"Dialogues in the Dark" examines cases of Turkish women murdered by their own relatives for supposedly dishonoring their families. Conversations between the helmer and her lenser interspersed throughout feel like padding to fill running time, but material speaks strongly enough to get pic's voice heard at further fests abroad.
Ploddingly assembled but focusing on a highly emotive and topical subject, femme helmer Melek Ulagay Taylan’s “Dialogues in the Dark” examines cases of Turkish women murdered by their own relatives for supposedly dishonoring their families. Eponymous conversations between the helmer and her Swedish lenser interspersed throughout feel like padding to fill running time out to feature length, but material speaks strongly enough to get pic’s voice heard at further fests abroad.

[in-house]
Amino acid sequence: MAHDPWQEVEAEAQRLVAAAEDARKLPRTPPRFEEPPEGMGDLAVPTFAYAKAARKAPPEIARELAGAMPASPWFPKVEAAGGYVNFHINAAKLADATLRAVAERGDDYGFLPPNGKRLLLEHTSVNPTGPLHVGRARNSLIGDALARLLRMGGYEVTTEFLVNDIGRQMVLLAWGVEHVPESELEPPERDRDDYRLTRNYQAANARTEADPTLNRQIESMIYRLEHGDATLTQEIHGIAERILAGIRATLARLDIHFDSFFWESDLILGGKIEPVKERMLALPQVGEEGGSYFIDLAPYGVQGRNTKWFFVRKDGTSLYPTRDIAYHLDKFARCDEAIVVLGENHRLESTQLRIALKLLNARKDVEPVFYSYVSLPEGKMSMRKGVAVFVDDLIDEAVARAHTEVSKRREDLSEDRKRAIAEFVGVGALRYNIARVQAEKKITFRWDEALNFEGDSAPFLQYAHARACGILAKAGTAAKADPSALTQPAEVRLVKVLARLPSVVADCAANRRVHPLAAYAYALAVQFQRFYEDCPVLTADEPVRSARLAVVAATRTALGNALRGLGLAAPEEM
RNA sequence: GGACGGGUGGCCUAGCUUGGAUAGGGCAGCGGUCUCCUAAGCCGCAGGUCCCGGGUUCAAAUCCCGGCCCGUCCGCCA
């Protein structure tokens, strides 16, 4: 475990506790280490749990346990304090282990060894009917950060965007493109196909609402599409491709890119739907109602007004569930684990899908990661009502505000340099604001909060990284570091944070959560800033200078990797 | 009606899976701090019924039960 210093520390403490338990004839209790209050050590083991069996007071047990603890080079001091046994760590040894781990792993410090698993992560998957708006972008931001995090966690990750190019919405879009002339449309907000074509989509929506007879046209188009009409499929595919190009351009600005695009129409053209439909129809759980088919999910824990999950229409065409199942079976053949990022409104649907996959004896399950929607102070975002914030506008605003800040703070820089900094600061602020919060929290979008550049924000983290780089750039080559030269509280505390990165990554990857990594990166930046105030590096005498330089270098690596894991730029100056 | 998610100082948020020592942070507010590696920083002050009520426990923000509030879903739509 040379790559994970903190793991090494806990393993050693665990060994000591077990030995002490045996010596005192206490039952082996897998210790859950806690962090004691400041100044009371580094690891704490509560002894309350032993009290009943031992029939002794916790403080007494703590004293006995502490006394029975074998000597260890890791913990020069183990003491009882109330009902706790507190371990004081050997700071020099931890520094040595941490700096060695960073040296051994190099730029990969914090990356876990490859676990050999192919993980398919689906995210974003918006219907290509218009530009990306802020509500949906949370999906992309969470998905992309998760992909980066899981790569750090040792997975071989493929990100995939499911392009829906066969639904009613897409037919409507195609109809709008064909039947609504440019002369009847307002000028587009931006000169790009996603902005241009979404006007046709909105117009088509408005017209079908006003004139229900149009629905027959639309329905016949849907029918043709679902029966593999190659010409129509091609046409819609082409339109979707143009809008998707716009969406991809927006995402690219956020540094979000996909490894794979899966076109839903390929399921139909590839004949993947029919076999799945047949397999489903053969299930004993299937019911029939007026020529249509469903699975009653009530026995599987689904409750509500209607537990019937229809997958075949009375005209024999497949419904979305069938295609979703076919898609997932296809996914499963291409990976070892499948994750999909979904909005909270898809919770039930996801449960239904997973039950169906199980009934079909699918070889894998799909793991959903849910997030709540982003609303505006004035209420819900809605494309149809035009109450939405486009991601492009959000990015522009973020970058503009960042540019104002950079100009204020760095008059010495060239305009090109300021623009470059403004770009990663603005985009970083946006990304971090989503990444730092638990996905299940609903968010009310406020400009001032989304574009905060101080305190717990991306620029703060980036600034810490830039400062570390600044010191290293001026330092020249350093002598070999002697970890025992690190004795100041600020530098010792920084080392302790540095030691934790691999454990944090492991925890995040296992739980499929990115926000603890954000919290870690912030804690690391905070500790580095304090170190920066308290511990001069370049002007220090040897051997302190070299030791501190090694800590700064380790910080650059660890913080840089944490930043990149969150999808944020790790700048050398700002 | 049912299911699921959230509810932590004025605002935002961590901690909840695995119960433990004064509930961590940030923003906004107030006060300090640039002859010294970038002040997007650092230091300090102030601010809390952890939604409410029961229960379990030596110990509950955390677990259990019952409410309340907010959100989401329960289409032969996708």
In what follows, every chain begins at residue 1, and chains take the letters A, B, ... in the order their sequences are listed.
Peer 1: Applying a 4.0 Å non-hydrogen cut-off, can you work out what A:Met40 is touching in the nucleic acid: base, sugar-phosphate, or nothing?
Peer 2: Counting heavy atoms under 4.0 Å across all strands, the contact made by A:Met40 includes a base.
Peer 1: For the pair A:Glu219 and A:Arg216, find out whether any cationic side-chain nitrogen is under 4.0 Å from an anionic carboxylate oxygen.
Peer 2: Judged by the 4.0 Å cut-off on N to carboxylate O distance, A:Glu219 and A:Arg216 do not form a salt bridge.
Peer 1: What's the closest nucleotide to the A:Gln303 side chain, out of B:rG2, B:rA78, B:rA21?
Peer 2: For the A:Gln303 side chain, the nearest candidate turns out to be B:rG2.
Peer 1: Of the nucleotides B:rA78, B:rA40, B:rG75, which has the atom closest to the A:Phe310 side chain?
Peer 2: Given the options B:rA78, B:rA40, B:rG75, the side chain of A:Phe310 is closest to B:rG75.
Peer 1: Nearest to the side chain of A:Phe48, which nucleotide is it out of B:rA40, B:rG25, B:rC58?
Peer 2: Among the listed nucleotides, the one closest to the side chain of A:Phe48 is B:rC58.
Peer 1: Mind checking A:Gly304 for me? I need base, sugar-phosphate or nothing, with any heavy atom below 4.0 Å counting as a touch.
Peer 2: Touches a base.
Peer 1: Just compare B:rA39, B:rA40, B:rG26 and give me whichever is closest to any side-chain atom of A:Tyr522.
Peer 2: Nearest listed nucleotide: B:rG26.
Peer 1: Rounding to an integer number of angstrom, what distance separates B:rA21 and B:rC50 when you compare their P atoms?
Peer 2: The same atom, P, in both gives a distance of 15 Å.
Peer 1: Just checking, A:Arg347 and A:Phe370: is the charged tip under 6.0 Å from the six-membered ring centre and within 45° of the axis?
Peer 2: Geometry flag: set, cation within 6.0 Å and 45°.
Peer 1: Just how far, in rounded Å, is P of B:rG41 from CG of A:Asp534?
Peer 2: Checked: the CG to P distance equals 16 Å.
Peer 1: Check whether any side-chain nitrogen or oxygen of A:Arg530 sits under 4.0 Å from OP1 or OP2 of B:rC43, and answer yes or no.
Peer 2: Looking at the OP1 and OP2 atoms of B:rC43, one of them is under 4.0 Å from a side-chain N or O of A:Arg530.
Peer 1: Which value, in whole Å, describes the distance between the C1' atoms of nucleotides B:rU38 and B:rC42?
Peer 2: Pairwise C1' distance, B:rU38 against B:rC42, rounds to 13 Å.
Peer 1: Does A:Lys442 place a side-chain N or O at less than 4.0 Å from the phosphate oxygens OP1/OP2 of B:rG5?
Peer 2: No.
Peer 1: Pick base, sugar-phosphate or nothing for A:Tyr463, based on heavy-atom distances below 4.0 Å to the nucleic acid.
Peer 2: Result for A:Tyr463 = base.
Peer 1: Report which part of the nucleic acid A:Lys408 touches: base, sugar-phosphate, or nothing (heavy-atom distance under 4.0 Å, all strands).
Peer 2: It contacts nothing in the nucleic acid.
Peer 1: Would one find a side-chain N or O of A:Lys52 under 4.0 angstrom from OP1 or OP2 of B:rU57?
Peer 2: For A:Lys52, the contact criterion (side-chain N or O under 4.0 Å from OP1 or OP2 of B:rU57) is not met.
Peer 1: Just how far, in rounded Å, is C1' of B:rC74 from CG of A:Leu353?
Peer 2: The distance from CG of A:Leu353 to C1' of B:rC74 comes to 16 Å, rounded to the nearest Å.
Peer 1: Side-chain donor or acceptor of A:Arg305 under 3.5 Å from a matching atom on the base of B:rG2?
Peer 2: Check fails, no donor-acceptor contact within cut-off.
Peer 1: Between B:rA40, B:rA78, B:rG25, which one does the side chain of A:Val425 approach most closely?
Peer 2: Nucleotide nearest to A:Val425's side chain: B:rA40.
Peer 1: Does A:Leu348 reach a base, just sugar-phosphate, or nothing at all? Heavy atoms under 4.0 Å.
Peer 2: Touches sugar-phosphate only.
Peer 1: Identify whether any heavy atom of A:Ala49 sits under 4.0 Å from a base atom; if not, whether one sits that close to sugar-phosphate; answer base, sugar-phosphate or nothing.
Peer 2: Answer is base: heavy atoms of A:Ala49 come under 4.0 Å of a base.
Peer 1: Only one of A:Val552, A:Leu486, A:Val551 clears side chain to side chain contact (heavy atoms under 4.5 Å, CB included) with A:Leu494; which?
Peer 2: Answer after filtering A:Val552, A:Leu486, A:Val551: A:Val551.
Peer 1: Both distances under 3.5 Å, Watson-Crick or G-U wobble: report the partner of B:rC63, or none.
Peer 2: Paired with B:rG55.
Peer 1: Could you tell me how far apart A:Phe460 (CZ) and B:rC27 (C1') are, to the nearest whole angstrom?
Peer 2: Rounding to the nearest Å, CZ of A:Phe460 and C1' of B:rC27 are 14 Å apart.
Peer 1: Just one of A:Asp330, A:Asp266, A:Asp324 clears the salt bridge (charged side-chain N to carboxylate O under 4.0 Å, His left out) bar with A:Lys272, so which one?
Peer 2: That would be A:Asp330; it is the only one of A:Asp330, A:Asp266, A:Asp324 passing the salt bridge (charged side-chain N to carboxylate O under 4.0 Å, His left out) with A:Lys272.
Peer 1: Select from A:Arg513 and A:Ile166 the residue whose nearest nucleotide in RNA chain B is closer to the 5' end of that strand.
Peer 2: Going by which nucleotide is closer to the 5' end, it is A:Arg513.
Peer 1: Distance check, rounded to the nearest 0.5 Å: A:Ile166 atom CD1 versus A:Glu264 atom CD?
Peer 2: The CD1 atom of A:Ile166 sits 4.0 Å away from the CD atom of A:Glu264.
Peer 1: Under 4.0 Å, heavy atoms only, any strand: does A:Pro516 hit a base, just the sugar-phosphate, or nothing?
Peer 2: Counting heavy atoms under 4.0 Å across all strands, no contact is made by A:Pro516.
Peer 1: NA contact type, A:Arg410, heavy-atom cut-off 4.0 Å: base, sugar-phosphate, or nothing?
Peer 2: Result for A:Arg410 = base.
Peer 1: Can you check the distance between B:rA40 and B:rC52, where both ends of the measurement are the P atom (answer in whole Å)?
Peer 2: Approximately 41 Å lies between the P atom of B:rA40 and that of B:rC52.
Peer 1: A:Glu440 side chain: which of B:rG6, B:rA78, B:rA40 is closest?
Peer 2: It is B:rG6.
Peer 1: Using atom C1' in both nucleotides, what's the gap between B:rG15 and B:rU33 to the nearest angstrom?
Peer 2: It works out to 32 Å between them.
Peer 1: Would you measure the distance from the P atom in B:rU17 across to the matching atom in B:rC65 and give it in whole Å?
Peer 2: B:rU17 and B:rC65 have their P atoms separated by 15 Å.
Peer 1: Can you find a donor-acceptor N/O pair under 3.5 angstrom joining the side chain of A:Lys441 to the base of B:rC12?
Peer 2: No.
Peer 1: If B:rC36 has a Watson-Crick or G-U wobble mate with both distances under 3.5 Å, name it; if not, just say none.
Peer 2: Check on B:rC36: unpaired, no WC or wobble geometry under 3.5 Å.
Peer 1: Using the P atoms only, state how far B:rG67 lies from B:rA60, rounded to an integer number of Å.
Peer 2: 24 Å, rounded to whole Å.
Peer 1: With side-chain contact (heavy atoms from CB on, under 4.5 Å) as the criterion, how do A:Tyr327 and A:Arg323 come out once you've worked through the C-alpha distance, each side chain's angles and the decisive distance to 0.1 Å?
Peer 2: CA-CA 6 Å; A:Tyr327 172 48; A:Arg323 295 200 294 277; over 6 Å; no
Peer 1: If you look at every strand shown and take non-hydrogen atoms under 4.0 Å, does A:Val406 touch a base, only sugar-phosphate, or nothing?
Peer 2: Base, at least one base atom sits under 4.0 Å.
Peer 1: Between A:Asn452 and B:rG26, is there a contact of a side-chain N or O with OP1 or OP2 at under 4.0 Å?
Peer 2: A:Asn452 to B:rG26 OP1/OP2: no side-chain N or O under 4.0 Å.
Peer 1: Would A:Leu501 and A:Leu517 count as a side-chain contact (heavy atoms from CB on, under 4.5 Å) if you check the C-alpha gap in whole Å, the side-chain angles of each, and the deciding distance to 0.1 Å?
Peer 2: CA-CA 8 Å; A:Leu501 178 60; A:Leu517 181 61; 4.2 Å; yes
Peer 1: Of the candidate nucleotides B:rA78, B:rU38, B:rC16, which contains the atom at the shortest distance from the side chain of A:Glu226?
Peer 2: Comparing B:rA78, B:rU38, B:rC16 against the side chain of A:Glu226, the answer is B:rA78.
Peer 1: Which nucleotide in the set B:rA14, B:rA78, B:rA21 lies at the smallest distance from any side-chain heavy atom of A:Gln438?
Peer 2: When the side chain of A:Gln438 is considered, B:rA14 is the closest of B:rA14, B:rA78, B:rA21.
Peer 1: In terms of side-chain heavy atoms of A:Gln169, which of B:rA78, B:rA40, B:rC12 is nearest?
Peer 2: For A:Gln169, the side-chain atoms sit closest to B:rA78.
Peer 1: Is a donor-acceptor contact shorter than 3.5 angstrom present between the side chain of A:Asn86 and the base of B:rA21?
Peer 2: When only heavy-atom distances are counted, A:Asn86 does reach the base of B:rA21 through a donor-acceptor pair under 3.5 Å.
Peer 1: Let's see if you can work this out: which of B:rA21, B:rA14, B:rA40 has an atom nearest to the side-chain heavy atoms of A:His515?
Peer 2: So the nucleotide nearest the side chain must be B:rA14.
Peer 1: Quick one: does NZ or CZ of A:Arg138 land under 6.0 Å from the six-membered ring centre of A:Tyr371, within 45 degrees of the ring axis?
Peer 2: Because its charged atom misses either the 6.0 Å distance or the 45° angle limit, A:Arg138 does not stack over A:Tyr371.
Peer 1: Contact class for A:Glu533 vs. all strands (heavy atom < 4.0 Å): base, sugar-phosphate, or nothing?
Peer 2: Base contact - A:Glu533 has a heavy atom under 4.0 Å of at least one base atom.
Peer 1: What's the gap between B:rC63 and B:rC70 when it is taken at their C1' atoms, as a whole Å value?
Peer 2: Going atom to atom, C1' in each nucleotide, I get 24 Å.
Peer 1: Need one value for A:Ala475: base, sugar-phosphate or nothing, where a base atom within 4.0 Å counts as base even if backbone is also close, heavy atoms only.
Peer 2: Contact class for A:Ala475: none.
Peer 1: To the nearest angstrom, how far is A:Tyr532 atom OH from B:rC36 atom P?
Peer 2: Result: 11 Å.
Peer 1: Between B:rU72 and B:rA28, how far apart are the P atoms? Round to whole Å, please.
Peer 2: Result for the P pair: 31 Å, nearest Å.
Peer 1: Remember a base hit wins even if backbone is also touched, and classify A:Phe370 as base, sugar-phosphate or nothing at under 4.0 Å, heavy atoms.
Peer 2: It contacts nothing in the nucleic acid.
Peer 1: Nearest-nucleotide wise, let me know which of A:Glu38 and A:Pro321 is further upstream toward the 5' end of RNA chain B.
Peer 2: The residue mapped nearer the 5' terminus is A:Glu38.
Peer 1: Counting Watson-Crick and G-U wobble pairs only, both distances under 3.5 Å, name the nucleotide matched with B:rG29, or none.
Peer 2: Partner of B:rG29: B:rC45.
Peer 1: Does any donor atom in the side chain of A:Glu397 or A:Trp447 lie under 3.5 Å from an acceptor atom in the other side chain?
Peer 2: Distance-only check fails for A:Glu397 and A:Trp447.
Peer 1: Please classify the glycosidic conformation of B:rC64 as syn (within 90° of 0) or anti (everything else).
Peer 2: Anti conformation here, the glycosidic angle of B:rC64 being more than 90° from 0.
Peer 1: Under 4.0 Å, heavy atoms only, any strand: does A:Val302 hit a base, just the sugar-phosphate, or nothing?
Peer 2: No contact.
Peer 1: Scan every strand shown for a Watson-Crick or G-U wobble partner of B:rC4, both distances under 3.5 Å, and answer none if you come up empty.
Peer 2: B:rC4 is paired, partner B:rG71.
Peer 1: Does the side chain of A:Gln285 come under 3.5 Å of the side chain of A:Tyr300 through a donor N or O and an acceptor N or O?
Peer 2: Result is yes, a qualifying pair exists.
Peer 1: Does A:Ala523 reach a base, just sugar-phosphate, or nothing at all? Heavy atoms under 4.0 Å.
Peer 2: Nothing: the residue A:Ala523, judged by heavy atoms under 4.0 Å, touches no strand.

Docu is structured around stories of several women, such as Swedish-Kurdish Fadime Sahindal, shot by her father for choosing to live with a Swedish boyfriend instead of accepting an arranged marriage, a case that made headlines worldwide. Less notorious is story of Semse Allak, made pregnant by a man who raped her and then stoned to death, along with her rapist, by her own relatives. A faint glimmer of hope is provided by the explanation at the end that Turkish law has just recently been reformed to hand out stiffer sentences to those who commit such “honor crimes.” Titular dialogues seemed to be unfolding in the pitch black at projection caught due to problems with equipment or DVD transfer.